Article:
Mainframe Shops Eye Web Services

Web services has an obvious place in legacy integrations, but you'll need to use caution—it's still early in the game.

Web services seem tailor-made for large legacy IT shops—particularly because they provide the ability to wrap COBOL or other legacy code and expose it as a Web service. Some are already using early versions to deliver legacy data to Web users.

But remember, Web services are still in the infant-to-toddler stages. Ultimately, just about any mainframe or host-centric application will be fair game for Web services. "This includes applications that are under the control of mainframe transactions managers—CICS and IMS," according to Dietmar Kuebler, senior software engineer for IBM. Mainframe environments also offer plenty of advantages over other server platforms, including a key one, high scalability. "The number of potential users for a Web service often cannot be determined when the service is started," Kuebler says. Mainframes are also ideal for Web-services providers, because these systems can operate 24x7.

One major southern university recently passed up a Web-to-host or integration approach in favor of a Web-services architecture that enables students and employees to access XML-enabled data from three mainframes. "We looked at host-based emulators or screen-scrapers," says the university's IT director. "It was just absolutely, utterly too slow based on performance." With Web services, a middleware messaging server on the mainframe communicates with mainframe applications and converts data to XML. The XML information is merged with a style sheet and sent to a presentation screen on the Web.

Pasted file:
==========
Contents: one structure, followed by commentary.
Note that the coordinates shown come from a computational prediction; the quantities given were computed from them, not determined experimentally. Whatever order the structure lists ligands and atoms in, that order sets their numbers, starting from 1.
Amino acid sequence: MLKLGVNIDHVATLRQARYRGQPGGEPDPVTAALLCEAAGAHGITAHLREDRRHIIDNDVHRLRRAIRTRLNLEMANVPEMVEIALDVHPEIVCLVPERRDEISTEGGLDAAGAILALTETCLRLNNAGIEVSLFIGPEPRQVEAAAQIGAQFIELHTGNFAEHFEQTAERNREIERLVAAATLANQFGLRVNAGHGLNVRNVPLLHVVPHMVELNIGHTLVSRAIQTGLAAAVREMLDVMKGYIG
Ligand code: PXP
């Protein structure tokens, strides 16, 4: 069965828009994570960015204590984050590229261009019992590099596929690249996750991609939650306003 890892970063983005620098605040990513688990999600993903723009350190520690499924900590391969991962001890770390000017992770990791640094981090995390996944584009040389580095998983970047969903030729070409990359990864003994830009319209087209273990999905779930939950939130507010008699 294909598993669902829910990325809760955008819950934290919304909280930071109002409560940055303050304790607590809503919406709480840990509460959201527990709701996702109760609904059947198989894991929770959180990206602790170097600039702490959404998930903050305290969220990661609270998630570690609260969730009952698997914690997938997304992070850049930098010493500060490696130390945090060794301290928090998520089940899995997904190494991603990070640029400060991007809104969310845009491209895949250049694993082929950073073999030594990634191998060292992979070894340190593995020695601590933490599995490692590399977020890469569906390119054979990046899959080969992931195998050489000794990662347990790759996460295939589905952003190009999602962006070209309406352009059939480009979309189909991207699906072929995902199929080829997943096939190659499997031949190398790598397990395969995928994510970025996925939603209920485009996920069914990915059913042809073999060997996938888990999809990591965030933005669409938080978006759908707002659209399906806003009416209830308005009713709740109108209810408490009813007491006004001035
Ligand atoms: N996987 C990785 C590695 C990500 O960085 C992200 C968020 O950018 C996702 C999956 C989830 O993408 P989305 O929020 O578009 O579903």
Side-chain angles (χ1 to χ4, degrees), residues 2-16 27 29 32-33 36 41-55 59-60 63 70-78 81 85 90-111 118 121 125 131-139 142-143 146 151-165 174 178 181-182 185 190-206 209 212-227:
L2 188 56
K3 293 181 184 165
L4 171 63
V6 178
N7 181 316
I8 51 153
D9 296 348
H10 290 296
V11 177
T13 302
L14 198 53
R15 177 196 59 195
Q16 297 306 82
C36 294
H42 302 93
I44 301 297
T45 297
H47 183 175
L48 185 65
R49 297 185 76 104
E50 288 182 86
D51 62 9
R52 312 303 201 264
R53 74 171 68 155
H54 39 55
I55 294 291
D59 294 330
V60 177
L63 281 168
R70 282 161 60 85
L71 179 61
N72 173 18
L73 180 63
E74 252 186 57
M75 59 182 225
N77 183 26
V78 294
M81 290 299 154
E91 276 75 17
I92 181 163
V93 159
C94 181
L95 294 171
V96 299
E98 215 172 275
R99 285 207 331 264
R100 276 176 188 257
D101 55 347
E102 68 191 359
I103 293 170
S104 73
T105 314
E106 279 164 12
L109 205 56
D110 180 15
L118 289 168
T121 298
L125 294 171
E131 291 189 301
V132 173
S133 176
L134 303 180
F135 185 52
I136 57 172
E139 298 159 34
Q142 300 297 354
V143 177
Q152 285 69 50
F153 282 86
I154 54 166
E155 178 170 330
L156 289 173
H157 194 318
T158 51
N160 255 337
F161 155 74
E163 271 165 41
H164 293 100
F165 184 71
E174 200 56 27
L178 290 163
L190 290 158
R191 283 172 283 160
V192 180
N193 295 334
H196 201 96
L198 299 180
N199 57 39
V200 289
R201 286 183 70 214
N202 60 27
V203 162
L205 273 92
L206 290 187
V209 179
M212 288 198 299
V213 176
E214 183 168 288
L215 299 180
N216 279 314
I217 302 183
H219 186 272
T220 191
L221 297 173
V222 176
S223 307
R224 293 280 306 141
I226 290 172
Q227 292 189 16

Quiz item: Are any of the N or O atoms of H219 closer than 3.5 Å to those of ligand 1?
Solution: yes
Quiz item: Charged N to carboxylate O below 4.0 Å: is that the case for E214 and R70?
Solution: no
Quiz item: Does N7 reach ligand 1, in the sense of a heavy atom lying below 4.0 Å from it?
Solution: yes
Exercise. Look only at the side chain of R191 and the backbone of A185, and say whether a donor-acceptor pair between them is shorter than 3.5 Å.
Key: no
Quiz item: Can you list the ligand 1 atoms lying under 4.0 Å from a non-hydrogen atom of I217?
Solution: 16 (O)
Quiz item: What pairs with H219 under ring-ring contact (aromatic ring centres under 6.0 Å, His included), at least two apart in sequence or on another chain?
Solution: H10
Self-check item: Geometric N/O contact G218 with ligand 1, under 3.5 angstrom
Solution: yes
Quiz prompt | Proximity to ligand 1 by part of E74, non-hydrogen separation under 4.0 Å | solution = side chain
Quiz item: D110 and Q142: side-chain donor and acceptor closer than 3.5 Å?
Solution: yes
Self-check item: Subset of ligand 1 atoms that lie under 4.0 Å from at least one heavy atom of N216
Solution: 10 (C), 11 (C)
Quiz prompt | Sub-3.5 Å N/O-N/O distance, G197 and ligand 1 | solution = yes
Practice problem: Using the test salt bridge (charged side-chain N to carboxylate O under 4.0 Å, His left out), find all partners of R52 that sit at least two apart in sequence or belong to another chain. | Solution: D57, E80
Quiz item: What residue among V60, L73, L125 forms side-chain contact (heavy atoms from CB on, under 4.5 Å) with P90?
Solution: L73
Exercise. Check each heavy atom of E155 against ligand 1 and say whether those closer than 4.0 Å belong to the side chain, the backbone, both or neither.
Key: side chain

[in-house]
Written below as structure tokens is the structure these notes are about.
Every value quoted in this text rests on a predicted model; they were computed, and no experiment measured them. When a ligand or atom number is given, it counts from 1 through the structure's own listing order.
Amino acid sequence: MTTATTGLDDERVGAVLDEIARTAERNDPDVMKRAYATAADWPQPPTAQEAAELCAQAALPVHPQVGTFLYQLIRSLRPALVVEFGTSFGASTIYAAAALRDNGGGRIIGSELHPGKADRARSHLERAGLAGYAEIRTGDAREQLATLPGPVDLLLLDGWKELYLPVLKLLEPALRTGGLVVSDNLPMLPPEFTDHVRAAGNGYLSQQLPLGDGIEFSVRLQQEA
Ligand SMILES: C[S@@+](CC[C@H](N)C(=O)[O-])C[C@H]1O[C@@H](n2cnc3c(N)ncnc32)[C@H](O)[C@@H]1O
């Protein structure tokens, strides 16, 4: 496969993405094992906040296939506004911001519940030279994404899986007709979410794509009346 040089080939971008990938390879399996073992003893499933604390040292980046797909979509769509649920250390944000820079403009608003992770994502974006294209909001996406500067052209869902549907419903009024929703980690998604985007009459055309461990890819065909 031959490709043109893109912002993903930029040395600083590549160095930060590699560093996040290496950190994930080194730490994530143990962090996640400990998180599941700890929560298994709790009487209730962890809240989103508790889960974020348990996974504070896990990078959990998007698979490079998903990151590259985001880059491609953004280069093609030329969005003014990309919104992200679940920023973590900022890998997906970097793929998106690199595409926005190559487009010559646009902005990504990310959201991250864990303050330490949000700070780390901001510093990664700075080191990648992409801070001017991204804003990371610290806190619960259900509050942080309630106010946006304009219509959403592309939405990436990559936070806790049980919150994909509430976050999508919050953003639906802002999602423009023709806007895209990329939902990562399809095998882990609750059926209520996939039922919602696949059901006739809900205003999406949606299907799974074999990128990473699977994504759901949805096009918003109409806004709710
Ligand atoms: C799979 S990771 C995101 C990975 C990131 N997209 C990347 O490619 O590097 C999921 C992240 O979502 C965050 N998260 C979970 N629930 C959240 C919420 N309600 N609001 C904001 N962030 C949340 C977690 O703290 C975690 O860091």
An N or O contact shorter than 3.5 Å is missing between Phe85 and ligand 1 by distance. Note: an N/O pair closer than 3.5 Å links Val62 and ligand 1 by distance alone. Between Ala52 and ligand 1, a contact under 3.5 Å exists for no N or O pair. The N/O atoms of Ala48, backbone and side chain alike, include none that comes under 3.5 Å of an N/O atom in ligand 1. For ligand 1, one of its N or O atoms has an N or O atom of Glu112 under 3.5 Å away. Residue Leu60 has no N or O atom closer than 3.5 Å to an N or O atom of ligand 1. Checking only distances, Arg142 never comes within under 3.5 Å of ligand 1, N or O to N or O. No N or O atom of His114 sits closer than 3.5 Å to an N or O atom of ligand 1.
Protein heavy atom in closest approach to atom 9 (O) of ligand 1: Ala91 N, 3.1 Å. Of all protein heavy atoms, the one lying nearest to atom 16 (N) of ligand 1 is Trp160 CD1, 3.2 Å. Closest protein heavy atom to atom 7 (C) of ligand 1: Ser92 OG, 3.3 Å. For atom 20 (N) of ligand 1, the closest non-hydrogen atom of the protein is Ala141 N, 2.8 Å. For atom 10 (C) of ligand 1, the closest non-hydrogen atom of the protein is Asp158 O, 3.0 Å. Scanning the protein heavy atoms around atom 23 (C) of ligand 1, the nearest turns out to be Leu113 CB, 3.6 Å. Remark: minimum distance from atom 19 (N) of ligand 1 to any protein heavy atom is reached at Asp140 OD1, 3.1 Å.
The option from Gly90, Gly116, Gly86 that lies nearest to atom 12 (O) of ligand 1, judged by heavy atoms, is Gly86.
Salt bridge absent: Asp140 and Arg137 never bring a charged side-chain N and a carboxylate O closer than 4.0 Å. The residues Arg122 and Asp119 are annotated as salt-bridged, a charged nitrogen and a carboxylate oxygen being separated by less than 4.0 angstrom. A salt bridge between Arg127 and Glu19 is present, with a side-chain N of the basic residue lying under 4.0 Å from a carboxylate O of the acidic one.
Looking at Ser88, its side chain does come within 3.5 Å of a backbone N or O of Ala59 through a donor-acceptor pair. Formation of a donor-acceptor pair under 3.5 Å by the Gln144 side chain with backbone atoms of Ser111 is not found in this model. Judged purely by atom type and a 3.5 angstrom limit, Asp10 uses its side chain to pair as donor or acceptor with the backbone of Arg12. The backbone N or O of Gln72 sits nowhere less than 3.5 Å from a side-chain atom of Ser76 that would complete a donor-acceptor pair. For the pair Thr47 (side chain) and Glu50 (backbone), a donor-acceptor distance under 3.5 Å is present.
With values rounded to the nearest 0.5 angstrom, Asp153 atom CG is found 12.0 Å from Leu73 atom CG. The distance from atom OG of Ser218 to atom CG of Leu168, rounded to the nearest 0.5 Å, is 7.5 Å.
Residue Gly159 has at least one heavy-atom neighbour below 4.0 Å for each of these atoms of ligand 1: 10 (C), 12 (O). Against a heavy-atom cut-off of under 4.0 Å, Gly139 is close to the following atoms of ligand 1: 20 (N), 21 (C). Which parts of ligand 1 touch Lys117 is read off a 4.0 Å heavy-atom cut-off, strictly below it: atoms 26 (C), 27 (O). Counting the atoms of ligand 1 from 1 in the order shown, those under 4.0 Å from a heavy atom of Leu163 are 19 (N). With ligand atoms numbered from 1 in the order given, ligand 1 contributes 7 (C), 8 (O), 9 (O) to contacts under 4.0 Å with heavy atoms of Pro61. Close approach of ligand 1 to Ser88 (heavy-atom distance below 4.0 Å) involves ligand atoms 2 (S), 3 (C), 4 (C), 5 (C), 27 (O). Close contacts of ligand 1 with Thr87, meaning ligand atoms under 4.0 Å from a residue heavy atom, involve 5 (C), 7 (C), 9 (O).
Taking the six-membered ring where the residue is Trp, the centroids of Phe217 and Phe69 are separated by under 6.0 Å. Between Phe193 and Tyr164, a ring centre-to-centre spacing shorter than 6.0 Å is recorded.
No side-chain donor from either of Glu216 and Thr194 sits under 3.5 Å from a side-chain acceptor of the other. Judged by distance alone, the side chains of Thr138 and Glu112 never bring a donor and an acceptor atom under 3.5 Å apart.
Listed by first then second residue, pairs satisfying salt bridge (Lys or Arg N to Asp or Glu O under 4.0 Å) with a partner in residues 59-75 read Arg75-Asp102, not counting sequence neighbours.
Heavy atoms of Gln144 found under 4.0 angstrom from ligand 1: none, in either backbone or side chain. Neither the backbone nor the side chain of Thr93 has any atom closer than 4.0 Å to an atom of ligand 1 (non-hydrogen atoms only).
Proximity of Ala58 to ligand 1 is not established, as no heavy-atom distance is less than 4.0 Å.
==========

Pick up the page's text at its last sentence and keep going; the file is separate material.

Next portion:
Some mainframe shops are finding that Web services are a way to get around more complicated or proprietary middleware arrangements. Hewitt Associates, an HR and benefits consulting firm, recently rolled out a Web-services infrastructure to extend benefits data residing on its IBM z/OS Parallel Sysplex mainframe to employees at customer sites, as well as third-party information providers. Open standards such as HTTP and XML have replaced Hewitt's custom-built proprietary connectivity solutions to address front-end requests, says Tim Hilgenberg, chief technology strategist for Hewitt. "Although we don't use SOAP, I view this as an early generation set of Web services."

An Evans Data Corp. study found that 52 percent of enterprise development managers have Web services underway. Aside from Java and XML, very few adopted key Web-services ingredients: SOAP, UDDI and WSDL.

"Web services give people an alternative to accessing information," warns Darcy Fowkes, an analyst with Aberdeen Group. "Web services won't replace legacy integration, or a lot of the heavy lifting and deep integration that other integration solutions can provide. The trouble is, all this attention on Web services may slow down other legacy extension plans."

Security and authentication issues also trouble IT executives. "The risk is a lot of these standards aren't completely fleshed out by the W3C [standards committee] yet—especially the ones involving security," says the university IT director, who is employing standard SSL and encryption to mitigate the online risks.

Web services represent a promising new tool IT executives can leverage to extend host data and applications to Web-based end users. However, it will take time before we have a complete picture as to where and how Web services will best fit into the enterprise integration puzzle.

About the Author

Joseph McKendrick is an independent consultant and author, specializing in surveys, technology research, and white papers.

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